The "frame rate" in Starcraft refers to how often the game is being updated, not how often images are being drawn on the screen (technically, Starcraft has an infinite frame rate for graphics). This is more commonly known as the logical frame rate. Starcraft does not limit the logical frame rate by seconds, rather there is a timer that specifies the number of milliseconds Starcraft should wait before executing the next frame. To calculate the logical frame rate, we take 1000 (number of milliseconds in one second) and divide it by the value (in milliseconds) that the game waits for. These values depend on the game speed, and are as follows (rounded to nearest hundredth):
- Slowest: 1000ms/s ÷ 167ms/frame = 5.99 FPS
- Slower: 1000ms/s ÷ 111ms/frame = 9.01 FPS
- Slow: 1000ms/s ÷ 83ms/frame = 12.05 FPS
- Normal: 1000ms/s ÷ 67ms/frame = 14.93 FPS
- Fast: 1000ms/s ÷ 56ms/frame = 17.86 FPS
- Faster: 1000ms/s ÷ 48ms/frame = 20.83 FPS
- Fastest: 1000ms/s ÷ 42ms/frame = 23.81 FPS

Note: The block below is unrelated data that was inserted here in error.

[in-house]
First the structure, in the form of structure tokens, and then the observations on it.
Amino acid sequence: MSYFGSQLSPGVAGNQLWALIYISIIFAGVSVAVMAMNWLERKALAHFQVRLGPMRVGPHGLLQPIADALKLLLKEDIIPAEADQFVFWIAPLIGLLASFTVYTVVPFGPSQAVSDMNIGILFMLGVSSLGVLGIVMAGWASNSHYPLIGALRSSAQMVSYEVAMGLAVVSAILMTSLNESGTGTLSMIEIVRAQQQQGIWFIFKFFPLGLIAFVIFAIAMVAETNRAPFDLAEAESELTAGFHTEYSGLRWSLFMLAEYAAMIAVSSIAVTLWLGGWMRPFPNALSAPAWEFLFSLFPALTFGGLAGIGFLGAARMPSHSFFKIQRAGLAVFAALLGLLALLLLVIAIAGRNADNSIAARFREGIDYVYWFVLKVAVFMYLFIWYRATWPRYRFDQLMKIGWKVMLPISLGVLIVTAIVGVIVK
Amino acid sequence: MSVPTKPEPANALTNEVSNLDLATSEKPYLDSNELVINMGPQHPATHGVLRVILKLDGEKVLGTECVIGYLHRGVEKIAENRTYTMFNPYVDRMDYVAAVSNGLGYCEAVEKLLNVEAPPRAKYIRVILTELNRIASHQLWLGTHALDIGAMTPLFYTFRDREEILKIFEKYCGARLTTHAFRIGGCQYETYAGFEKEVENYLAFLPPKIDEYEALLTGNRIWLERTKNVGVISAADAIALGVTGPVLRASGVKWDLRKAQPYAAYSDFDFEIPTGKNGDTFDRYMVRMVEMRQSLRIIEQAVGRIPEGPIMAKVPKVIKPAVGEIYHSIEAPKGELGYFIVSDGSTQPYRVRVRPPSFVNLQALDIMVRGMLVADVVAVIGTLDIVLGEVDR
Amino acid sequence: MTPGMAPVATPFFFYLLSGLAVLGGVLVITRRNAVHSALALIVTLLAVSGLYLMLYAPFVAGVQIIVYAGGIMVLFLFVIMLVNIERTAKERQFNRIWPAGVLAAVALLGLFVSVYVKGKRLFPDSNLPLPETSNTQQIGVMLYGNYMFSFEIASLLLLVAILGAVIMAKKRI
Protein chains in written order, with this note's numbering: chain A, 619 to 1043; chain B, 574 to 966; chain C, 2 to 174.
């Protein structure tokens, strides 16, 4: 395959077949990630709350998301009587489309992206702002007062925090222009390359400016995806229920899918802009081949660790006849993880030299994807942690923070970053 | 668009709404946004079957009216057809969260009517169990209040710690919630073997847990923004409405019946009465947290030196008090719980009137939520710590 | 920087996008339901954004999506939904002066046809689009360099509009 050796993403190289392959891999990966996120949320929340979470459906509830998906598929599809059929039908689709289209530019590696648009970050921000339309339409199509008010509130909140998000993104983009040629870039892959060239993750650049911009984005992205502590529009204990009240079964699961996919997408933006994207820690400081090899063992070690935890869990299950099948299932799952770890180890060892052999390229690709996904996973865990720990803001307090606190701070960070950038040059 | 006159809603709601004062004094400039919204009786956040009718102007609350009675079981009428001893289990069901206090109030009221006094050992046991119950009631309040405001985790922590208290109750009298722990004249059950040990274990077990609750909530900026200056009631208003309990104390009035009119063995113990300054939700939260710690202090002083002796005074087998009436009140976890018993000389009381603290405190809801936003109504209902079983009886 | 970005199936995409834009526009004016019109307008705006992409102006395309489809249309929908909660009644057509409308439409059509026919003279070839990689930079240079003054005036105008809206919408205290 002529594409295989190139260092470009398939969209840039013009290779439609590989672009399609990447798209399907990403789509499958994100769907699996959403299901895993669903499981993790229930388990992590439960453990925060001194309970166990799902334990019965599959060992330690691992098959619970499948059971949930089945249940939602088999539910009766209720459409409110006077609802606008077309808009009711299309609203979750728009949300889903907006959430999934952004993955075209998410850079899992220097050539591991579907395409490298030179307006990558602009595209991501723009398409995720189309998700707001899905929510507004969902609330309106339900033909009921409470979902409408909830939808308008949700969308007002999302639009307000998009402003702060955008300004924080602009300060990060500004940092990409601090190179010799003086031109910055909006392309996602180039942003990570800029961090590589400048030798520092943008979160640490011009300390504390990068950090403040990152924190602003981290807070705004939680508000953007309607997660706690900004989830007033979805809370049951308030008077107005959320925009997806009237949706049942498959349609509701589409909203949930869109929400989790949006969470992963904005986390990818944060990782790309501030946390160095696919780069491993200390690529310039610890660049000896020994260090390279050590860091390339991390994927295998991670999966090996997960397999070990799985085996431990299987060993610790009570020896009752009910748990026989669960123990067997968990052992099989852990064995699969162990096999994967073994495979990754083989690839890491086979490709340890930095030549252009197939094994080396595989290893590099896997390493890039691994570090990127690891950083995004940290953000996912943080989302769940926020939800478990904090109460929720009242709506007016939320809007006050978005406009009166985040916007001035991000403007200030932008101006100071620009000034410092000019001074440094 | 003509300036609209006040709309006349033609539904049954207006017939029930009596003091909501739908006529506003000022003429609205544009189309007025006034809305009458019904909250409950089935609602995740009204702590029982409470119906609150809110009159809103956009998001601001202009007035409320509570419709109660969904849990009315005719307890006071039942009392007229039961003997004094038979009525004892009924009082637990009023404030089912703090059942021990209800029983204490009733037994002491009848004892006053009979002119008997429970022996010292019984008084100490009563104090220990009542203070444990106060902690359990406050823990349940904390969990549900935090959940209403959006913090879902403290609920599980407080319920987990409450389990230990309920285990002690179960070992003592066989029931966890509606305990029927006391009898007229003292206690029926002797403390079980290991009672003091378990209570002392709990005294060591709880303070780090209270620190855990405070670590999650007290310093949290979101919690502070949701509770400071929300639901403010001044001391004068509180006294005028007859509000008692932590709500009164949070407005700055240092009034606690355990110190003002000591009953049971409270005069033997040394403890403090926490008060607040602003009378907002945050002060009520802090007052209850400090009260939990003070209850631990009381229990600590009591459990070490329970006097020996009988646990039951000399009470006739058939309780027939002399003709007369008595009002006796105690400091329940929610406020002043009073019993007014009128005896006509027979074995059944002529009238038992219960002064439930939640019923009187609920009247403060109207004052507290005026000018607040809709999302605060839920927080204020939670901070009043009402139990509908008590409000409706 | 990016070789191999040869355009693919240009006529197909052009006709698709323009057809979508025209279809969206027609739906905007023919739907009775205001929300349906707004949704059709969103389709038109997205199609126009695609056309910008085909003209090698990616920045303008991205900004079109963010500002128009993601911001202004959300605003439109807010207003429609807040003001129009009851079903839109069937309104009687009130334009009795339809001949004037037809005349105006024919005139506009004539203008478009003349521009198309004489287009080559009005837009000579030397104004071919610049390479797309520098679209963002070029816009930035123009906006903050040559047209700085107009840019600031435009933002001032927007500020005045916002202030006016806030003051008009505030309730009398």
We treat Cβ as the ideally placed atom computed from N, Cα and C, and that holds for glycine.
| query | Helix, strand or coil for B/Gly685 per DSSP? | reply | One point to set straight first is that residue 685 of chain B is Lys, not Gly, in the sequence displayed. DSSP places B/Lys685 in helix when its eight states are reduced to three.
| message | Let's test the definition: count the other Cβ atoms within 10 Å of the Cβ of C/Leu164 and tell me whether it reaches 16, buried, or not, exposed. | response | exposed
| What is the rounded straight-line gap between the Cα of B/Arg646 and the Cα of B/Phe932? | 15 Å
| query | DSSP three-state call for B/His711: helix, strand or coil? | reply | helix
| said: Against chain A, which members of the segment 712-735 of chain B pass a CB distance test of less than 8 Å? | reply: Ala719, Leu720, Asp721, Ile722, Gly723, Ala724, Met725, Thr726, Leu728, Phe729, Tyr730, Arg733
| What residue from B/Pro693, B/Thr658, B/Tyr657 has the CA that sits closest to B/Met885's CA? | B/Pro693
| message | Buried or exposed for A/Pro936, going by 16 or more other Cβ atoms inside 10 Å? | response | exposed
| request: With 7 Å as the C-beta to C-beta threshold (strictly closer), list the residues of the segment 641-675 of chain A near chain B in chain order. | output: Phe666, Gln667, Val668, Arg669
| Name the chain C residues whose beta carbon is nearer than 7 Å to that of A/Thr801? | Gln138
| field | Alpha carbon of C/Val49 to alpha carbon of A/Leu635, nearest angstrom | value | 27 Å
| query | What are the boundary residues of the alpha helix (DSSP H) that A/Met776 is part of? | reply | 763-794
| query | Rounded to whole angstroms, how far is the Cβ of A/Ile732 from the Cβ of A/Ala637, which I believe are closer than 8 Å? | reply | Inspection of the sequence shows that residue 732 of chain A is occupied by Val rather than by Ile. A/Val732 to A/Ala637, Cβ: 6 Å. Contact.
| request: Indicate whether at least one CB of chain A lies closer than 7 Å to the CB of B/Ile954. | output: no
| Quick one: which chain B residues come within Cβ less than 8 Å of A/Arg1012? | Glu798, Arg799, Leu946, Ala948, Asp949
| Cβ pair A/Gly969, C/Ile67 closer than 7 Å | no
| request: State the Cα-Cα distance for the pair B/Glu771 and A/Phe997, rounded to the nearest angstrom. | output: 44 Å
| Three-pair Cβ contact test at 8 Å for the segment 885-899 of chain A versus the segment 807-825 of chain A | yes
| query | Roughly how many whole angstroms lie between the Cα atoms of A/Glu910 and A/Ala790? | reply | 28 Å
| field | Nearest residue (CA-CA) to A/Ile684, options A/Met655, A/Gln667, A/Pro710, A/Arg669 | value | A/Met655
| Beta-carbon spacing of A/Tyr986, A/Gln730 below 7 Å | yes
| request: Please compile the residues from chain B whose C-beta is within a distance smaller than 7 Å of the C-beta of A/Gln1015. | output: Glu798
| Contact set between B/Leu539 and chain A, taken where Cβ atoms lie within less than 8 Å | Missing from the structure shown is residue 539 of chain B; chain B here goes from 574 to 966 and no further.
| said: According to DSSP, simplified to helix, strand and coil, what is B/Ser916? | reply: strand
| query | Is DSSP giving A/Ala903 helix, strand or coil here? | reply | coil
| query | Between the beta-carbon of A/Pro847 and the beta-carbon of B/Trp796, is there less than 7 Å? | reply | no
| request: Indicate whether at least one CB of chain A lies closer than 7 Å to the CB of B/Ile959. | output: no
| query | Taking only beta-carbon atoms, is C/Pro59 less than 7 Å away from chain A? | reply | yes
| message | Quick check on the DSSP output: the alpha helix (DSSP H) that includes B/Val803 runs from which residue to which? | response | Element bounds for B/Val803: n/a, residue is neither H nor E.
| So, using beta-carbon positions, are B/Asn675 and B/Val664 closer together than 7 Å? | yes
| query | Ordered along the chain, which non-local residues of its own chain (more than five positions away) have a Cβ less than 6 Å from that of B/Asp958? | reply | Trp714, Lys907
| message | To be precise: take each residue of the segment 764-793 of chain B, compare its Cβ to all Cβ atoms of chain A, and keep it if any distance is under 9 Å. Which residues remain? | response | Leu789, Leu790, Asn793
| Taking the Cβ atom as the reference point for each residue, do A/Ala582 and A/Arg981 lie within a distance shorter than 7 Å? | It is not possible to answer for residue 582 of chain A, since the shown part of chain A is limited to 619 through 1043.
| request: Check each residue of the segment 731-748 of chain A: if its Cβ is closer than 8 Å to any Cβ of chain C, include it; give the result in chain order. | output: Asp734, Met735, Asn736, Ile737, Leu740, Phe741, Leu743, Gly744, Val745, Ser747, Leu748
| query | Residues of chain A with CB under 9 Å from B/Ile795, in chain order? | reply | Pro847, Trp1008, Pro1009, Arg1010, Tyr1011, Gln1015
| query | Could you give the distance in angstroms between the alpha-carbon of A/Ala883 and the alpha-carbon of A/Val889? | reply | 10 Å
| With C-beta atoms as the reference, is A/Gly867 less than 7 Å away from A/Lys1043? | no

BWAPI's setLocalSpeed function has the ability to change this value.
What does Starcraft do when it is not executing the frame?
Starcraft will draw graphics to the screen, poll for input, update the screen position, update minimap pings, etc.
What does frame skip do?
By default, Starcraft only uses its frame skipping capability for watching a replay on x16 speed. What Starcraft's frame skip does is execute X number of game frames without leaving the game loop to draw graphics or poll for input. This allows Starcraft to exceed the maximum capacity it would have if it would normally try to run at infinite game frames per second.
BWAPI's setFrameSkip function has the ability to change this value. By default, it is 1, meaning it updates the game 1 time before exiting its loop and drawing graphics.